One of the strange new wrinkles of buying a luxury watch today is that the very same company that produces new timepieces, might also offer to sell you a used one (one that they originally produced, of course). While it isn’t unprecedented for companies to be officially involved in the resale of used versions of their products, it isn’t common either. Traditionally, wristwatch makers had nothing to do with what happened to their timepieces after they were first sold either to an end customer (the person wearing the watch) or through wholesale (to retailers and stores that then sell those goods to consumers). Today, the biggest name in luxury watches — Rolex — makes “certified pre-owned” (aka “CPO”) available to buyers through a growing selection of authorized dealers. Why exactly is the high-end watch industry interested in pre-owned, and what does it mean to the people who buy watches?
The reason each company enters the pre-owned watches space is unique, and the ways they go about it differ as well. For instance, some companies (like Rolex) offer extra buyer assurance when buying certified pre-owned watches as they come with a warranty and ostensibly a seal of quality and condition. Rolex does not directly sell certified pre-owned watches to customers but rather allows its dealers to certify and sell such watches. Other companies specifically buy back their own watches from the market, only to later resell them back to buyers who may have missed the first chance at buying a limited production unit. In both instances, the watch market today already has mechanisms for people to purchase pre-owned watches – the only difference being involvement from the company that originally produced the watch.
Against the backdrop of this conversation is the larger context of the luxury watch market. The Internet has democratized watch retail in huge ways but also opened up enormous areas of potential fraud or simply poor customer experiences. Whereas the ability to purchase a used watch has always been available online – layers of protection or assurances of quality were often missing. On a basic level, given the large number of pre-owned wristwatch transactions that occur on a daily basis, it is only logical that business interests will be curious about how they can profit from popular consumer behavior.
For me, the most important questions relate to if a brand’s being involved in CPO makes the customer experience better or worse. A better customer experience would be purchasing a good-condition watch at a fair price presented with excellent customer service. A bad experience would be where a consumer is at the least, expected to pay more money for the same product quality and condition available elsewhere. More dangerous would be an erosion of the customer service experience combined with higher prices. Watch brands typically mean well when involving themselves with pre-owned watches because they feel, at the least, that they are improving upon the buying experience for consumers. At times, however, it is possible that watch brands add bloat without value, and that the price increases which result after they officially involve themselves with pre-owned watches sales offer little to no customer value. Let me now articulate most of the main reasons why watch brands (both big and small) may decide to get into the pre-owned watch business:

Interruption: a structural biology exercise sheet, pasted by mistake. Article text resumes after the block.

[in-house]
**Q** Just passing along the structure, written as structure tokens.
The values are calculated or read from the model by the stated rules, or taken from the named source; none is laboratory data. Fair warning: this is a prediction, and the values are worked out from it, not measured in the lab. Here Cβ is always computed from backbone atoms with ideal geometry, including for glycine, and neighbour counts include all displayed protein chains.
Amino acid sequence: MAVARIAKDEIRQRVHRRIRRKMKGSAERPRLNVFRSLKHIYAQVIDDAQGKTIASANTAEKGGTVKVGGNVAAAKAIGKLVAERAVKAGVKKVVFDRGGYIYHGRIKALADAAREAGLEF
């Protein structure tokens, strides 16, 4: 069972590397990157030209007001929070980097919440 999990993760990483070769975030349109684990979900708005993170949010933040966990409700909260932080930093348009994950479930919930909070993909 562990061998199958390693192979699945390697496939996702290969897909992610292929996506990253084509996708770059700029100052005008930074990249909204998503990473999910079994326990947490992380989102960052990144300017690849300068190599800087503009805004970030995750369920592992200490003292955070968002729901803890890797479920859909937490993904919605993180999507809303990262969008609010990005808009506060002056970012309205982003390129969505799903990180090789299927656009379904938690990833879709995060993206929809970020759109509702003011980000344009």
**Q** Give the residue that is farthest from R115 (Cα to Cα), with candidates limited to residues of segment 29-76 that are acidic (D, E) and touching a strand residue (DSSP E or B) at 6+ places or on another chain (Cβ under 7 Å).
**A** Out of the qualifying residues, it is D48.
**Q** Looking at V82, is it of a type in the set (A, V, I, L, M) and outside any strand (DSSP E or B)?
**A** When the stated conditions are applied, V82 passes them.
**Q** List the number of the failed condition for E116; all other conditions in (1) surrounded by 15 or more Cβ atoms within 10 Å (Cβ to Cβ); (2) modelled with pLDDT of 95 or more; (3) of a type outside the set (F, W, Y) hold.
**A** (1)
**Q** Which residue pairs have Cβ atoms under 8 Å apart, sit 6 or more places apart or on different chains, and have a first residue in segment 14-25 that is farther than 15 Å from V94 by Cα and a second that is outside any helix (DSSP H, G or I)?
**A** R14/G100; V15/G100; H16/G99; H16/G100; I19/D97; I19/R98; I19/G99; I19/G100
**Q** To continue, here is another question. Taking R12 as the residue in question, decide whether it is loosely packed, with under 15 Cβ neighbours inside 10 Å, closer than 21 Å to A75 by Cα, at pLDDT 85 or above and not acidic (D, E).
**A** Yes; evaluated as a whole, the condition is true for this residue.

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Being Able To Control The Condition & Quality Of Pre-Owned Watches
This is a double-edged sword but you can appreciate how watch brands can easily win this argument. In essence, the idea is that many pre-owned watches out there are in poor condition, and thus no one really wants to wear them. By inspecting watches prior to them being made available for purchase, a watch brand can ensure that many of the used versions of its products on the market will lead to a good wearing experience. While people will buy anything for the right price, it is true that most people do not want to wear cosmetically or mechanically imperfect luxury watches. Watch brands make a winning argument that even if prices for their used watches go up, it is worth it because there is less risk when buying a pre-owned timepiece from them or certified by them.
There are ways that watch brands can take advantage of this psychology. One area is when they add cost by offering unnecessary servicing to a watch. They might claim that the used watch has been “thoroughly overhauled and serviced.” That can involve the replacement of parts or the polishing of metal that not everyone wants. Watch brands make a lot of money when timepieces come in for repair – and thus any excuse to get the service department involved can be a revenue driver. If brands are able to pass off the cost of servicing a watch to a consumer willing to pay extra for a used timepiece, it can be a win for the watch brand. With that said, a large area of trust and mutual respect must be in place to ensure that well-intentioned consumers are not being asked to pay for unnecessary “restoration work” on relatively new watches that may not need it.